On September 13, 2018, the UK House of Lords engaged with an important question about the country’s policy on genocide determination. The debate question, secured by Lord David Alton of Liverpool, concerned steps the UK government had taken to change the way formal international declarations of genocide or crimes against humanity are made and to further the expeditious prosecution of those responsible.

The short debate was timely, especially in light of the UN’s recently published Report of the Independent International Fact-Finding Mission on Myanmar, which found that the Burmese military has committed genocide in Rakhine State and crimes against humanity and war crimes in Rakhine, Kachin, and Shan States. This is a second UN report in only two years that makes a strong claim of an ongoing genocide. In 2016, the UN’s Independent International Commission of Inquiry on the Syrian Arab Republic published its report “They came to destroy,” which describes the Islamic State’s (ISIS) atrocities against the Yazidis. Despite the strong claims in both UN reports, the UK government refused to make the determination of genocide, relying on its long-standing policy to leave such questions to international judicial bodies.

Britain does not have any formal mechanism that allows for the consideration and recognition of mass atrocities that meet the threshold of genocide, as defined in Article II of the UN Convention on the Prevention and Punishment of the Crime of Genocide (the Genocide Convention). As a result, the UK, by default, cannot fulfill its duty to prevent and punish the crime of genocide, adequately or at all.

Despite its long-standing policy of leaving the question to international judicial bodies, the UK government does not appear to have any reasonable justification for this policy. In response to Lord Alton’s debate, Baroness Annabel Goldie quoted former Prime Minister David Cameron: “Not only are the courts best placed to judge criminal matters, but their impartiality also ensures the protection of the UK government from the politicization and controversies that often attach themselves to the question of genocide.”

However, this position errs on a fundamental issue because it fails to recognize that there is a difference between making the (interim) determination of genocide to respond to the atrocities—whether by preventing the atrocities from escalating to genocide or stopping ongoing genocide—and making the determination of genocide after a full trial.

While the Genocide Convention does not prescribe that a state must make a formal determination of genocide, in practice, a failure to do so makes all the difference in trying to fulfill the obligations to prevent and punish it. For example, if a state does not recognize that some mass atrocities amount to genocide, the government’s actions will likely be unable to prevent or stop the ongoing genocide. This is clear from the research undertaken by Gregory Stanton, a professor of genocide studies at George Mason University, who concluded that “choice of the term to be used is determined by the willingness to take action to stop the killing. When the terms ‘ethnic cleansing’ or ‘crimes against humanity’ were used, it indicated an unwillingness to take forceful action to stop the crimes.” Furthermore, if a state has to wait for an international judicial system to make a formal determination of genocide, the state will likely be unable to fulfill its duty to prevent the crime. Lastly, there will often be no international judicial bodies with the mandate to make such a determination.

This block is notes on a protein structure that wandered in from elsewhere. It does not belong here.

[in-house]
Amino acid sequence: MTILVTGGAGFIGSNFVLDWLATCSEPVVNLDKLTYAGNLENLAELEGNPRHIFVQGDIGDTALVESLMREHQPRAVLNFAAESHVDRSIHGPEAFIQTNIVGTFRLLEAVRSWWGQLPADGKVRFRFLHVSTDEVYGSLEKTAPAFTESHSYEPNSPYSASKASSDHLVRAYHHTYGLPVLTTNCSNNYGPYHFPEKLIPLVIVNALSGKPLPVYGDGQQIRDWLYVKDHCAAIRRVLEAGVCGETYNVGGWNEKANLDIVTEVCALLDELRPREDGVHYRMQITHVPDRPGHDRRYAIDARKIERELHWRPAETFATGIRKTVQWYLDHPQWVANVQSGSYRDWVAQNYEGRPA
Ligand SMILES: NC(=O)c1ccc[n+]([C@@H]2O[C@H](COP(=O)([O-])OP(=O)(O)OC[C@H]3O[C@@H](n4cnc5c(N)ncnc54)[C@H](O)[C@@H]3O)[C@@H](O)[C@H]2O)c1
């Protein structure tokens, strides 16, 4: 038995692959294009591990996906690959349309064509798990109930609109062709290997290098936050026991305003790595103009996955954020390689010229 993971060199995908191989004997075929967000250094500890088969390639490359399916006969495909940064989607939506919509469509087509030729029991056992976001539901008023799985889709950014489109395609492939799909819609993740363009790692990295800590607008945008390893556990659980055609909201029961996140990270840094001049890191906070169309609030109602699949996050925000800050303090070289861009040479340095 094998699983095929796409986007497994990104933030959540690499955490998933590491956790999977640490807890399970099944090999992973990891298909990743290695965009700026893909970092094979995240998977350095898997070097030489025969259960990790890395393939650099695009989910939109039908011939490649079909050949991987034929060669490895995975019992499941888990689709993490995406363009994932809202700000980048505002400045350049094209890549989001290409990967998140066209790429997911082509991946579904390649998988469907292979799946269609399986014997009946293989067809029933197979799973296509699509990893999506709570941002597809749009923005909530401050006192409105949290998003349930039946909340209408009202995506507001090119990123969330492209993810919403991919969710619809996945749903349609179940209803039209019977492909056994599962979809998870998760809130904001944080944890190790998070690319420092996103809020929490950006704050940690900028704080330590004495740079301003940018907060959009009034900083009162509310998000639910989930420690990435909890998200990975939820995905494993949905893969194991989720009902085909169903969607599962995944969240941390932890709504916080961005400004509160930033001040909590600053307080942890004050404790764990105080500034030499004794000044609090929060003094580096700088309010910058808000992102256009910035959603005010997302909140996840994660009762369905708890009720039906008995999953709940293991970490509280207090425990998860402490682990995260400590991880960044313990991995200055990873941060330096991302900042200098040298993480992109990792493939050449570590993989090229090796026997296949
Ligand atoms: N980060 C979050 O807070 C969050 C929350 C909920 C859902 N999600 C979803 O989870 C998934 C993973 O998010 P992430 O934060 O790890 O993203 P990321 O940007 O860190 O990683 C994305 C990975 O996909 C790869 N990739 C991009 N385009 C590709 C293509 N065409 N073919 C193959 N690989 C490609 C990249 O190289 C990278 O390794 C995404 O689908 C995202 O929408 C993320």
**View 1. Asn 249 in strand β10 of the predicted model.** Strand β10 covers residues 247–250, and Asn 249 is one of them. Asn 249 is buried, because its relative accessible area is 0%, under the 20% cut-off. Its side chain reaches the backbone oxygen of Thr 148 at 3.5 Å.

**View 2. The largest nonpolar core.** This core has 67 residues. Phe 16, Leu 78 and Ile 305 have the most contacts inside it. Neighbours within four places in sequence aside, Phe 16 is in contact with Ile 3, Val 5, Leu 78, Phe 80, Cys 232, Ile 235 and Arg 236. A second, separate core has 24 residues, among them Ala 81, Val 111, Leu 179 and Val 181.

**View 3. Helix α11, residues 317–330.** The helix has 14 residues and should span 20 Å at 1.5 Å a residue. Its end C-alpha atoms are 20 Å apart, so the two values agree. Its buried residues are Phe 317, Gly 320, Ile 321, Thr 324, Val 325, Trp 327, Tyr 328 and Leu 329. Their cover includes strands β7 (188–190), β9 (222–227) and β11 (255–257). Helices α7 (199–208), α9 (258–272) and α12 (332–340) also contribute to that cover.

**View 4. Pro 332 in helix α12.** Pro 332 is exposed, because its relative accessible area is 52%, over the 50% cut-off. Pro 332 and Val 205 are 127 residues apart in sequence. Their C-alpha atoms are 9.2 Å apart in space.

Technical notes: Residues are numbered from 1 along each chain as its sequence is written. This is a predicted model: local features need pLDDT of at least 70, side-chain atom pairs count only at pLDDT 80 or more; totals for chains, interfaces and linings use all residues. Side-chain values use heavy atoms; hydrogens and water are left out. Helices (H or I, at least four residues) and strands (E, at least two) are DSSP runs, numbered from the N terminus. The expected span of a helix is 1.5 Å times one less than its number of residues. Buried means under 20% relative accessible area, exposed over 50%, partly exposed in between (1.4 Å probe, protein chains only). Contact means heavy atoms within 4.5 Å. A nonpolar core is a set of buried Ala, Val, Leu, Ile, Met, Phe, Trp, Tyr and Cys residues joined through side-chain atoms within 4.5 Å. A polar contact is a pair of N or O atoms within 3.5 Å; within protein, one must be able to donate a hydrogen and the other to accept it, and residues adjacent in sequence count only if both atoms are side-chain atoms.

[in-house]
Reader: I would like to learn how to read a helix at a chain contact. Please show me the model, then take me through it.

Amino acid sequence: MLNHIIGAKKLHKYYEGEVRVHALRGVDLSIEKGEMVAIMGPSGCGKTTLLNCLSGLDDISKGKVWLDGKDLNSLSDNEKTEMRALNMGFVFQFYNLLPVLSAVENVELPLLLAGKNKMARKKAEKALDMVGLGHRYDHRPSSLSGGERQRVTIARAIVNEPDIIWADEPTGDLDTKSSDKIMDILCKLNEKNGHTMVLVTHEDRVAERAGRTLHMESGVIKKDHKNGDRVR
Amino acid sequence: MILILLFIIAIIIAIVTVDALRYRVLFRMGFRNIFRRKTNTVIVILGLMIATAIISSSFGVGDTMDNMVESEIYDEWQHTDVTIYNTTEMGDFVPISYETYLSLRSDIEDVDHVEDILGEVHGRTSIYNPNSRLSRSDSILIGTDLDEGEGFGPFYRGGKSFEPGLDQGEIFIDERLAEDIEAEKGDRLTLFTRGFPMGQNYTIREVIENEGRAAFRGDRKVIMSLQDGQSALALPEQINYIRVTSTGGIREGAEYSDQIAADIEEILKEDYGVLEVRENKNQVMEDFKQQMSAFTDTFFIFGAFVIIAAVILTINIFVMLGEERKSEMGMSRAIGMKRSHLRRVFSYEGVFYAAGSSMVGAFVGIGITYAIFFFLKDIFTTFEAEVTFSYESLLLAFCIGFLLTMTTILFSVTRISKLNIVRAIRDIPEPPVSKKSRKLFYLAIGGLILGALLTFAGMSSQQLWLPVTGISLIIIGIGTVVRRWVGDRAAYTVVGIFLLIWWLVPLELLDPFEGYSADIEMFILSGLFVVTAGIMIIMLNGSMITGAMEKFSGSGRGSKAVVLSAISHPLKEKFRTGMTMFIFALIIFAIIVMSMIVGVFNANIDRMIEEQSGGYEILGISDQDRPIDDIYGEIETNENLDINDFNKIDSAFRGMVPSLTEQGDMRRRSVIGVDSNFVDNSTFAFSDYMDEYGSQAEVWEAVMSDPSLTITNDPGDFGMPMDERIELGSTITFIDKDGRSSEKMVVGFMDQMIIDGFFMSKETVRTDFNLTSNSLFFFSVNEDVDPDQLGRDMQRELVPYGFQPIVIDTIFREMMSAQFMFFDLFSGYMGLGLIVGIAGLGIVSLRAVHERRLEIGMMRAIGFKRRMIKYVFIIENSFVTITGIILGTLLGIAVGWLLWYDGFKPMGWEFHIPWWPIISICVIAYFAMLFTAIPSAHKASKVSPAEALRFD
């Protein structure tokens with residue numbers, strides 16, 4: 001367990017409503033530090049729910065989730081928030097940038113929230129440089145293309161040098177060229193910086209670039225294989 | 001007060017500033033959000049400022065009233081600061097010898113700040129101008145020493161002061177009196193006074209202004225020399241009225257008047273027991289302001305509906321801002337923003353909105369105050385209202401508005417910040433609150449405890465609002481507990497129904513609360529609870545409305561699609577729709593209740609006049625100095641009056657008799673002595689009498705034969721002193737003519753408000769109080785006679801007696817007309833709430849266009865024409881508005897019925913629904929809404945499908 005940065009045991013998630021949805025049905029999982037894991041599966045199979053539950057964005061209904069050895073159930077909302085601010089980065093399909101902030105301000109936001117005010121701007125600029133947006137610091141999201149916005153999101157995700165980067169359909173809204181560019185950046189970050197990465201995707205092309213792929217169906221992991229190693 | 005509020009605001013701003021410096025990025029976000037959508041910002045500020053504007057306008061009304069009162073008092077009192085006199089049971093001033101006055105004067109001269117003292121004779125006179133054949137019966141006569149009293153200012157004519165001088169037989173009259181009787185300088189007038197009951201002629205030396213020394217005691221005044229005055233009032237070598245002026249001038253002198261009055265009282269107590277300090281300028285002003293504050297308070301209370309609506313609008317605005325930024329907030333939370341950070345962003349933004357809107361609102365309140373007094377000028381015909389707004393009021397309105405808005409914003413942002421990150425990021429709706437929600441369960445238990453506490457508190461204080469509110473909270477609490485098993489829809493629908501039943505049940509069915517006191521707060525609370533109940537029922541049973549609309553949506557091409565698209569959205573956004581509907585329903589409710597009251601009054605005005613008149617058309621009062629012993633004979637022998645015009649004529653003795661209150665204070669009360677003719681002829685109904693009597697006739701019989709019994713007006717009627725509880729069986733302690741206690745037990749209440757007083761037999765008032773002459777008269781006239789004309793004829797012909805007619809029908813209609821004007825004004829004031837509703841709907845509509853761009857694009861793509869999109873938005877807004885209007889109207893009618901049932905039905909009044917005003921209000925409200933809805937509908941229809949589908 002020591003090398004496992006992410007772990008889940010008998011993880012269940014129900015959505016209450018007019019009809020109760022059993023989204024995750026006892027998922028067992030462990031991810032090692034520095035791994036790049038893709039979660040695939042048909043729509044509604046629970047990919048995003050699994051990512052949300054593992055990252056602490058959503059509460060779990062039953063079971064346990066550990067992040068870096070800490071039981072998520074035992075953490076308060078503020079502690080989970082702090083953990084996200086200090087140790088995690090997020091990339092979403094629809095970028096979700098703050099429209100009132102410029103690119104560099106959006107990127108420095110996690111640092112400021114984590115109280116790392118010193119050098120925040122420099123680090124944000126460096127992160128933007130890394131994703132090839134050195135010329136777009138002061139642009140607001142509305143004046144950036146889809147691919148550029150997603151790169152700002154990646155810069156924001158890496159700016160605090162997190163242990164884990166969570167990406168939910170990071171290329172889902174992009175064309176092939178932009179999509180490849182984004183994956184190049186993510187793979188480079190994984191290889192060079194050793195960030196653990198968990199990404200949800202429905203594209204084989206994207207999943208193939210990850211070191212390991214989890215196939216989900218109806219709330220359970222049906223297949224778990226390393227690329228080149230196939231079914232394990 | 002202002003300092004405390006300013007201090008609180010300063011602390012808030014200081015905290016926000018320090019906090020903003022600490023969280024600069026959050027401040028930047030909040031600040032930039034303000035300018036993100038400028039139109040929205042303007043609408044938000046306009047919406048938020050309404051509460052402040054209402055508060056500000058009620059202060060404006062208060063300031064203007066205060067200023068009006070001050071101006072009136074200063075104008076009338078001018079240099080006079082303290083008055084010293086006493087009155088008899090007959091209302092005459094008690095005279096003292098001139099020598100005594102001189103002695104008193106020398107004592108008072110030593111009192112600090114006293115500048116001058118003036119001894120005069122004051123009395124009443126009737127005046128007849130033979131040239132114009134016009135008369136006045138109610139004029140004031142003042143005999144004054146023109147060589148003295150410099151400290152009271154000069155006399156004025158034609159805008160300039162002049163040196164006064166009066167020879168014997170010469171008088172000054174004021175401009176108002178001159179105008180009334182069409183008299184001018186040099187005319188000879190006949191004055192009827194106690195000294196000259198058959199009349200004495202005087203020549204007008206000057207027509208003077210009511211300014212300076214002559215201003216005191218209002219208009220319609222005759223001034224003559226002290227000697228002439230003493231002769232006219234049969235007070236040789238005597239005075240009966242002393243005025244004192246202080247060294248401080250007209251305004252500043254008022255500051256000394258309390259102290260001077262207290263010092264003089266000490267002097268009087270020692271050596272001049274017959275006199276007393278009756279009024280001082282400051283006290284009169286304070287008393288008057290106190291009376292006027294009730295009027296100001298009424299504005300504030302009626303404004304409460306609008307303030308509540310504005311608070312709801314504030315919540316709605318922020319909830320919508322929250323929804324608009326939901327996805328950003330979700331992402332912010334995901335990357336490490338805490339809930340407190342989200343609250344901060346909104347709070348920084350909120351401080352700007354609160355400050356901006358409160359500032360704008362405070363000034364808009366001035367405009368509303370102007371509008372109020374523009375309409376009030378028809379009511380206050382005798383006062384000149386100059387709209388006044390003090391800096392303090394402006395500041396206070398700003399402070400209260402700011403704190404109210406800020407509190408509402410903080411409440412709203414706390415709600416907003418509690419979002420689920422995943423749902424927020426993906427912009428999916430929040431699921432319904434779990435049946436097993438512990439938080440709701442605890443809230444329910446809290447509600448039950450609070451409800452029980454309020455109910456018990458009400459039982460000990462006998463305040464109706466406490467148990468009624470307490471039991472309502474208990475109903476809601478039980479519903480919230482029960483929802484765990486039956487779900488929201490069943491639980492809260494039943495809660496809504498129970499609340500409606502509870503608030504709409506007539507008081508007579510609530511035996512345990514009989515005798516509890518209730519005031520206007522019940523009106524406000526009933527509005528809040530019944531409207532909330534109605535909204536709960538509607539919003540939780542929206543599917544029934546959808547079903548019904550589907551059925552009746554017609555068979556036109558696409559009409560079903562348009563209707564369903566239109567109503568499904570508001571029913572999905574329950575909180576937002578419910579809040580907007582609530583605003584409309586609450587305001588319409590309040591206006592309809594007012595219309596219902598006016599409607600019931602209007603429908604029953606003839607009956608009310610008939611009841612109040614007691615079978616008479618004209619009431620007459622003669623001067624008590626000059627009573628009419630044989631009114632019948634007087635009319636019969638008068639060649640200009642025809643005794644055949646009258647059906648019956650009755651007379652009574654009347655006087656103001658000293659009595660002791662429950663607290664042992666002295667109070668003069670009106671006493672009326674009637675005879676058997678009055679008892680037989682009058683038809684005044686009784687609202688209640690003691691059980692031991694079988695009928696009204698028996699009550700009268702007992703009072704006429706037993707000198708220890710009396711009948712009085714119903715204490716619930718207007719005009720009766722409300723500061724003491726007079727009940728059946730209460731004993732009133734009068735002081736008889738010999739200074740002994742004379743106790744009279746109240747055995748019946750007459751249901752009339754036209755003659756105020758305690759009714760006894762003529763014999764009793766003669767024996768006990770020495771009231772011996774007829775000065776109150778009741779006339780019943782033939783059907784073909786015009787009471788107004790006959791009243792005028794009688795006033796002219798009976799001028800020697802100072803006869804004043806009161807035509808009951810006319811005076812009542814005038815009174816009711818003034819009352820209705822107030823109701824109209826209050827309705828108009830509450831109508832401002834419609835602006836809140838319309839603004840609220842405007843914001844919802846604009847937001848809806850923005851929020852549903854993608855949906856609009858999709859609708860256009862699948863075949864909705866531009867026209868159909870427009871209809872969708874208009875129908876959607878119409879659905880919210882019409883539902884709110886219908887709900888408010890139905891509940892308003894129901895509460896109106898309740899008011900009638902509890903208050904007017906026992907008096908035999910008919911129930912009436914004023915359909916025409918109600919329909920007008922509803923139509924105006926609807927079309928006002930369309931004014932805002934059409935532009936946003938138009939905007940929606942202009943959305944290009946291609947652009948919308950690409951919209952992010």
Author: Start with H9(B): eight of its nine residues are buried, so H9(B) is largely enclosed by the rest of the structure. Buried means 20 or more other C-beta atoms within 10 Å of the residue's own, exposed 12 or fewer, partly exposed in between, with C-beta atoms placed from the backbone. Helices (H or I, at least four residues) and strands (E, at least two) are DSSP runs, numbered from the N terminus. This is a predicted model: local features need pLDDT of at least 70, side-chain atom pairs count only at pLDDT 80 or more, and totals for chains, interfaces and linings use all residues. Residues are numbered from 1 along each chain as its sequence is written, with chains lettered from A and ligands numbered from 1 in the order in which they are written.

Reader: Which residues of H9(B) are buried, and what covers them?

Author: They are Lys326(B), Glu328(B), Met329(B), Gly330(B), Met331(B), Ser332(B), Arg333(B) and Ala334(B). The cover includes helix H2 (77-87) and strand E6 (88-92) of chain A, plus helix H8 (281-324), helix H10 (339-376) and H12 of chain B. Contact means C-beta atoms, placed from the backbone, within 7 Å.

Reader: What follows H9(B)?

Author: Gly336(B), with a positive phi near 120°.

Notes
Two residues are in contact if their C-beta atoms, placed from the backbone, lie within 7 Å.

Britain’s policy cannot be justified in light of recent genocides. In order to respond to genocide adequately and fulfill the state’s duty to prevent and punish, the UK government should introduce new policies on genocide determination that will accommodate early warning and risk assessment structures that are mandated to recognize these mass atrocities. Nonetheless, Baroness Goldie indicated that “there might be some scope for revisiting how the government adopt criteria to determine their approach. I have made clear what the government’s policy decision is. However, we are always open-minded and we are certainly prepared to continue to look at these matters.” There are many options for how to address the issue. Now it’s all up to the UK government’s will to change the policy.

Ewelina U. Ochab is a human rights advocate and author of the book Never Again: Legal Responses to a Broken Promise in the Middle East. She works on the persecution of minorities around the world, with main projects including Daesh genocide in Syria and Iraq, Boko Haram atrocities in West Africa, and the situation of religious minorities in South Asia. She has written over 30 UN topical reports (including Universal Periodic Review reports) and has made oral and written submissions at the Human Rights Council sessions and the UN Forum on Minority Issues. Ochab is currently working on her Ph.D. in international law, human rights, and medical ethics. Follow her work on Twitter: @EwelinaUA.

Photo Credit: By Martin Hesketh, via Flickr.